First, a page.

The soporific mood of Under My Skin is addicting. It feels like the reader is dreaming rather than reading the story. There is also a strong feeling of apprehension of what the denouement will bring. It feels like finally discovering the reason for Jack’s murder will blow Poppy’s entire life apart.
I’ve read a multitude of family thrillers. This is the best of the bunch. By the end, you are no longer reading about Poppy—you are Poppy struggling to maintain your sanity among increasingly untenable facts.
Under My Skin is an excellent micro-thriller. Nothing much happens on the surface but oh so much occurs in Poppy’s mind. If you have given up on sleep one night, this creepy little thriller is a perfect midnight read. 5 stars!
Thanks to Hanover Square Press and NetGalley for an advance copy.
Posted in Literary Fiction, Mystery & Thrillers Tagged with: family drama, Oct 2 2018
It’s a familar party game. Put your five favorite people, living or dead, on your Dinner List. This book speculates on what would happen if the dinner actually occurred.
Sabrina arrives at her thirtieth birthday dinner at a trendy restaurant. Seated at the table are the five guests she named. Audrey Hepburn, her college philosophy Professor Conrad, her ex-boyfriend Tobias, her estranged father Robert, and her college best friend Jessica are all relaxed and not surprised to be at dinner together. Sabrina is worried that she is either insane or dreaming.
During dinner, flashbacks show the history Sabrina has with these people and why they were added to her dinner list. However, the focus is Sabrina and Tobias’ relationship and why it ended.
I love the magical realism genre (I’m looking at you Haruki Murakami). This book has a magical atmosphere in a more realistic setting. It was innovative of the author to use an old party game as a plot driver. The conclusion is heartfelt and felt organic to the characters. Be aware that the Dinner List is sad in parts. Several of the dinner guests are dead so any revelations will be ultimately bittersweet with the knowledge unusable after the dinner ends. The Dinner List is highly recommended for fans of Me Before You and the Fault in our Stars. 5 stars!
Thanks to Flatiron Books and NetGalley for an advance copy.
Posted in Literary Fiction Tagged with: magical realism, Sep 11 2018
The rich and obnoxious American is alive and well in Lake Success.
Barry is an uber rich hedge fund manager. He has a just diagnosed autistic 3-year old son. He has split from his wife, Seema, a first-generation Indian immigrant. And he wants to recapture his youth by taking a Greyhound bus trip to visit his college girlfriend, Layla, who he hasn’t spoken to in more than a decade. Unfortunately, Barry doesn’t have much real life experience. He has to ask his chief of staff to pull strings to get him a bus ticket after the depot is closed.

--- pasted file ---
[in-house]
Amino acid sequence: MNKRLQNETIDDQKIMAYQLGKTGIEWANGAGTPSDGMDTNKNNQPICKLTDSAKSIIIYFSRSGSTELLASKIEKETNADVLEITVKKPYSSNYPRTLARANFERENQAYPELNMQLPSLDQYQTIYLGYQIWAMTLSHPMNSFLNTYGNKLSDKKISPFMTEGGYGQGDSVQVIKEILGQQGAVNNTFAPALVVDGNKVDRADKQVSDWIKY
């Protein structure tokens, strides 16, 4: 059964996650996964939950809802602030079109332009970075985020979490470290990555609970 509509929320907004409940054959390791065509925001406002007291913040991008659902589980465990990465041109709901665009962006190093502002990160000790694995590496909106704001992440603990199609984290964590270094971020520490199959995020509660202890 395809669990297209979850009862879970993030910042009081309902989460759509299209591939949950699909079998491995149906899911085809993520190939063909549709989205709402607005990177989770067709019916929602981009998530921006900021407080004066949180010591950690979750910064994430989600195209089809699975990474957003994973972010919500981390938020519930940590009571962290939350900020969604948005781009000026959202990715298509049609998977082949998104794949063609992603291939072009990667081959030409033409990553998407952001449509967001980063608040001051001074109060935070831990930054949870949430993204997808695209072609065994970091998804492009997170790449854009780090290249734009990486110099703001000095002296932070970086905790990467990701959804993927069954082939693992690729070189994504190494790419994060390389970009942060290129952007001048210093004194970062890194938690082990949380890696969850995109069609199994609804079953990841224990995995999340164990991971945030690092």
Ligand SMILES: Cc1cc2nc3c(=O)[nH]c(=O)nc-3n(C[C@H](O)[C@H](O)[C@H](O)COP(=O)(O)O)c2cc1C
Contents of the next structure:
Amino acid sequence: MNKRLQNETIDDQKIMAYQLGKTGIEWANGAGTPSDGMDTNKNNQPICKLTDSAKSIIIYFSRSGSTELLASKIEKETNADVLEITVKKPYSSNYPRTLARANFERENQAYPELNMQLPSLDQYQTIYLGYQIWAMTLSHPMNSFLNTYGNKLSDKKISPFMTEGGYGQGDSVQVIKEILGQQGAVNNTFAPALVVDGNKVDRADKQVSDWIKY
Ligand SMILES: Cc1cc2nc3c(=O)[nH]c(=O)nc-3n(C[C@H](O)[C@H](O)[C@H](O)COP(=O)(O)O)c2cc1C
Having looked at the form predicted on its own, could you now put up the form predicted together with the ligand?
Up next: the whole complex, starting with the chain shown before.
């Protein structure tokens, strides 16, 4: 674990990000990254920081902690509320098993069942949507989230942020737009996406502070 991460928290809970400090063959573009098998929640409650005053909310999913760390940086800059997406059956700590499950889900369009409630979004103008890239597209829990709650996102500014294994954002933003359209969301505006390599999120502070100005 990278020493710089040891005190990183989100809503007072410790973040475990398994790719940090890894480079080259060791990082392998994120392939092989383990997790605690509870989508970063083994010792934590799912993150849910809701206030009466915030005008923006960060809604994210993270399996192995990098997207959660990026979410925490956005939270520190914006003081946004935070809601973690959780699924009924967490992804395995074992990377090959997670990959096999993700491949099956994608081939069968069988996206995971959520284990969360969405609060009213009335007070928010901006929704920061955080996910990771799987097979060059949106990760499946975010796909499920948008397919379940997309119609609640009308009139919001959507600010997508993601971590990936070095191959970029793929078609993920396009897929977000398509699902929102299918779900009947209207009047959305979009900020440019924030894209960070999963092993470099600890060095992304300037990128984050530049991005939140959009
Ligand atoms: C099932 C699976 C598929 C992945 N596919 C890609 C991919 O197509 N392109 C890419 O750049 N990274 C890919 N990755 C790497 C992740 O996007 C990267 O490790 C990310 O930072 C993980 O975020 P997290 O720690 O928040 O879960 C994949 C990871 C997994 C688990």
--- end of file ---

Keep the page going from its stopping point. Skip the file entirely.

Barry is the most unlikeable main character I have ever encountered. Seema isn’t much better—having an affair less than two days after their split. It took me about a quarter of the book to see that Barry is intended to be a Trump parody (or possibly satire) even while Trump himself serves as a background to the story. Generally, parodies/satires are humorous. This one wasn’t. While Barry eventually has a human feeling, it was a long time coming.
I think Lake Success will probably be a hit with critics and win some literary awards. It’s recommended for literary fiction fans but decidedly not for Trump supporters. While I loved the author’s Super Sad True Love Story, Lake Success just didn’t resonate with me. 3 stars.
Thanks to the publisher, Random House, and NetGalley for an advance copy.
Posted in Literary Fiction Tagged with: Sep 4 2018
A literary take on a post-apocalyptic novel sure to be nominated for a literary award or two. Severance is the story of Candace, a Chinese immigrant and millennial, who is trying to just live her dull life when a real apocalypse hits.
At first, Candace is in denial and continues to live in an eerily empty NYC. Eventually, she leaves in an old NYC taxi and collapses by the side of the road. A group of other NYC survivors take her on a trip to the Facility, where the nerdy leader, Bob, says he has a crash pad perfectly suited to the apocalypse he knew was coming thanks to gaming and Internet conspiracy sites.
I enjoyed the beautiful evocative prose of this novel the most. The plot works but some of its satirical aspects seem forced. I get that Candace’s life is an endless repetition of the same tasks with no knowledge gained from them. Why does the epidemic have the same symptom? It is like getting hit over the head with her point. Also, I would have liked characters other than Candace to be more fully fleshed out. Most seem like stereotypes like Bob the nerd. It is hard to care if something bad happens to a stereotype.